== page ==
I will make my final decision on the Paris Accord next week!

— Donald J. Trump (@realDonaldTrump) May 27, 2017

The president's tweet came after meetings with other world leaders who pushed for the U.S. to remain in the Paris agreement.

“There is one open question, which is the U.S. position on the Paris climate accords," Italian Prime Minister Paolo Gentiloni said at the Group of Seven summit in Italy on Friday. "All others have confirmed their total agreement on the accord.”

Trump was also asked by Pope Francis at the Vatican last week to keep the U.S. in the climate change accord.

The December 2015 deal has as of this month been signed by all 197 countries in the United Nations Framework Convention on Climate Change except two: Syria and Nicaragua. Of the 195 that have signed, 147 have ratified the accord.

If the U.S. pulls out of the Paris deal, it would become the largest producer of greenhouse gas emissions not included in the agreement, according to EPA data.

Trump has at times seemed to downplay concerns over climate change.

As a candidate on Dec. 1, 2015, Trump posted a video on Instagram -- while the 2015 United Nations Climate Change Conference was taking place -- in which he criticized then-President Obama for "worrying about global warming."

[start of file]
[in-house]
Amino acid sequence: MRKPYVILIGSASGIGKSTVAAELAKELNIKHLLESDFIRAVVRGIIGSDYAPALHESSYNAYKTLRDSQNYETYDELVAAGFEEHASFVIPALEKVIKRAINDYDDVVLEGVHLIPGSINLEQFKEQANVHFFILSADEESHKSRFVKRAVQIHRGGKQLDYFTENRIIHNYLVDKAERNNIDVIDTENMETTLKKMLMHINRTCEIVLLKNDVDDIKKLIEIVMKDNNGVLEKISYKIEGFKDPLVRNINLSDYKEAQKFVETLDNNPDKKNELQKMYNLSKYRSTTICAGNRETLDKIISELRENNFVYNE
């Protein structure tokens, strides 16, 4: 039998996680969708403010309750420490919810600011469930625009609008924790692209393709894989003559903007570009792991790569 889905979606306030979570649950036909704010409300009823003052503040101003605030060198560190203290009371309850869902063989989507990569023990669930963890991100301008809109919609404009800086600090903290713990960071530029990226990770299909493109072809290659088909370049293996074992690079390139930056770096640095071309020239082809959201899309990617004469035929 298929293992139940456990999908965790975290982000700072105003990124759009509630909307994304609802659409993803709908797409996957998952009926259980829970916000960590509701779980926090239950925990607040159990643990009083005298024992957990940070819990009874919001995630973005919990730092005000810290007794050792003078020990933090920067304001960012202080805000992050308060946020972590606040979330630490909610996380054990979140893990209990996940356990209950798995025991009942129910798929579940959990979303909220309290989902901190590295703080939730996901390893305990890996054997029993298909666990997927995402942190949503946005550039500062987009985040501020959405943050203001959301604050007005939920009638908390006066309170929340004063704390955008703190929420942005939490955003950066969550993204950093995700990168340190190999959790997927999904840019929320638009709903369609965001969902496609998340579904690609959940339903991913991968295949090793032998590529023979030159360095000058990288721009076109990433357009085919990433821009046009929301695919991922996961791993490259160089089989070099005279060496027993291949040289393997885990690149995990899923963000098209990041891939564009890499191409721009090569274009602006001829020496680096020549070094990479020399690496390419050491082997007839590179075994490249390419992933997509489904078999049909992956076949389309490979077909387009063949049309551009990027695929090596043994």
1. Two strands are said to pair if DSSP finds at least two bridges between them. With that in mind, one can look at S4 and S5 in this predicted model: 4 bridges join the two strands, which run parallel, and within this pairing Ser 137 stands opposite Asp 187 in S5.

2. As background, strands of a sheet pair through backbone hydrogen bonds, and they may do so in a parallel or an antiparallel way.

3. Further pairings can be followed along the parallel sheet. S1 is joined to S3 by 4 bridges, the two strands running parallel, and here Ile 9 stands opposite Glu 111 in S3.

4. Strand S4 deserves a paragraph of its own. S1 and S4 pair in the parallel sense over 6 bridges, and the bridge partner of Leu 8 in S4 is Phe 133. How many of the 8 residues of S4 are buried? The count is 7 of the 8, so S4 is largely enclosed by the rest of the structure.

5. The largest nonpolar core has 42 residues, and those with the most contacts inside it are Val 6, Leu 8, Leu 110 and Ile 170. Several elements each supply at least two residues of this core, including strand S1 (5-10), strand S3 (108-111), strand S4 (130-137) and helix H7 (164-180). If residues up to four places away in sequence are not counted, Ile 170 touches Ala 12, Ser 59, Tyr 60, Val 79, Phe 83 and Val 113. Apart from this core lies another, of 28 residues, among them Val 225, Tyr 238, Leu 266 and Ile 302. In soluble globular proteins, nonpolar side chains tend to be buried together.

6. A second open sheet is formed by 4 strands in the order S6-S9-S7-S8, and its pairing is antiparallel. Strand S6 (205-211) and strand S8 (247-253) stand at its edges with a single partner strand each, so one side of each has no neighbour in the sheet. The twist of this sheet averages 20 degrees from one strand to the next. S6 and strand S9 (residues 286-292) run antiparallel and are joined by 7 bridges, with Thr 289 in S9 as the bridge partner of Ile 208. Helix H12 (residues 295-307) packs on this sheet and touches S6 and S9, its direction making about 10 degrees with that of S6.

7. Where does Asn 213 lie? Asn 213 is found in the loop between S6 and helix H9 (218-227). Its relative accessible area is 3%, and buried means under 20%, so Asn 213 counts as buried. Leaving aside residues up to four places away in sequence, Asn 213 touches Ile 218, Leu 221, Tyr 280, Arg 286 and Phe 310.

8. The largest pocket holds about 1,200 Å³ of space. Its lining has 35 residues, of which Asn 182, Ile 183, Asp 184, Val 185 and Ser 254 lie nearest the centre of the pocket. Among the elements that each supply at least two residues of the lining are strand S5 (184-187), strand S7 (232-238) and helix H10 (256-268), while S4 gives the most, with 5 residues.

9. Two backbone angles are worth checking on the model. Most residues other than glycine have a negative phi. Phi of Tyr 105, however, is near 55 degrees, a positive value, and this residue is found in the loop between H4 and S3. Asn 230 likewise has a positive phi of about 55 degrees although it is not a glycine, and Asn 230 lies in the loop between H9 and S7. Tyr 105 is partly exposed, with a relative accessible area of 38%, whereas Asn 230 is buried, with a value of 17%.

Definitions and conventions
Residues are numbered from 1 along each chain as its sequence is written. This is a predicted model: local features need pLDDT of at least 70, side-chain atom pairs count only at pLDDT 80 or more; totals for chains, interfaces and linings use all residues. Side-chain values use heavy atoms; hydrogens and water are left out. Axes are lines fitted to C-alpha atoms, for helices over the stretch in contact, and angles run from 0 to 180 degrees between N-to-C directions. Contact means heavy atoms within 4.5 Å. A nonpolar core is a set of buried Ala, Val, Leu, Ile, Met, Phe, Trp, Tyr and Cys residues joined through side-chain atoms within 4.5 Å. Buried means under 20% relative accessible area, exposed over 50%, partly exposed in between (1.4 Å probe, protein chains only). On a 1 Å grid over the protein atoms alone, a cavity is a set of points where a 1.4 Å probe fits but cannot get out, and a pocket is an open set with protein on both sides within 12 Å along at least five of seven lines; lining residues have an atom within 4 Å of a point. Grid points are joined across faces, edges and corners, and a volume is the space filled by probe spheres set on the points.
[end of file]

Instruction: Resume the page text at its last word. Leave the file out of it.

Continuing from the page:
"What a ridiculous situation," Trump said in the post.

Trump's chief economic adviser, Gary Cohn, told reporters at the G-7 summit Friday that the president was growing more attuned to the European stance on climate change.

"I think he is learning to understand the European position,” Cohn said when asked which way the president was leaning on the Paris agreement. “Look, as you know from the U.S., there's very strong views on both sides.”

“He came here to learn,” Cohn said at the summit. “So his views are evolving, which is exactly what they should be.”

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Christopher Furlong/Getty Images(MANCHESTER, England) -- Another man has been arrested in connection with the Manchester bombing on Sunday, according to police, bringing the total number of men held in custody following the attack to 12.

Greater Manchester Police said a 25-year-old man was arrested on suspicion of terrorist activity.

The police noted that 14 people have been arrested since a suspected suicide bombing killed 22 people at an Ariana Grande concert at Manchester Arena on Monday night.

Two of those people have been released. The suspected bomber, who also died in the attack, is Salman Abedi.

Latest update. pic.twitter.com/Q1EvKmVOPB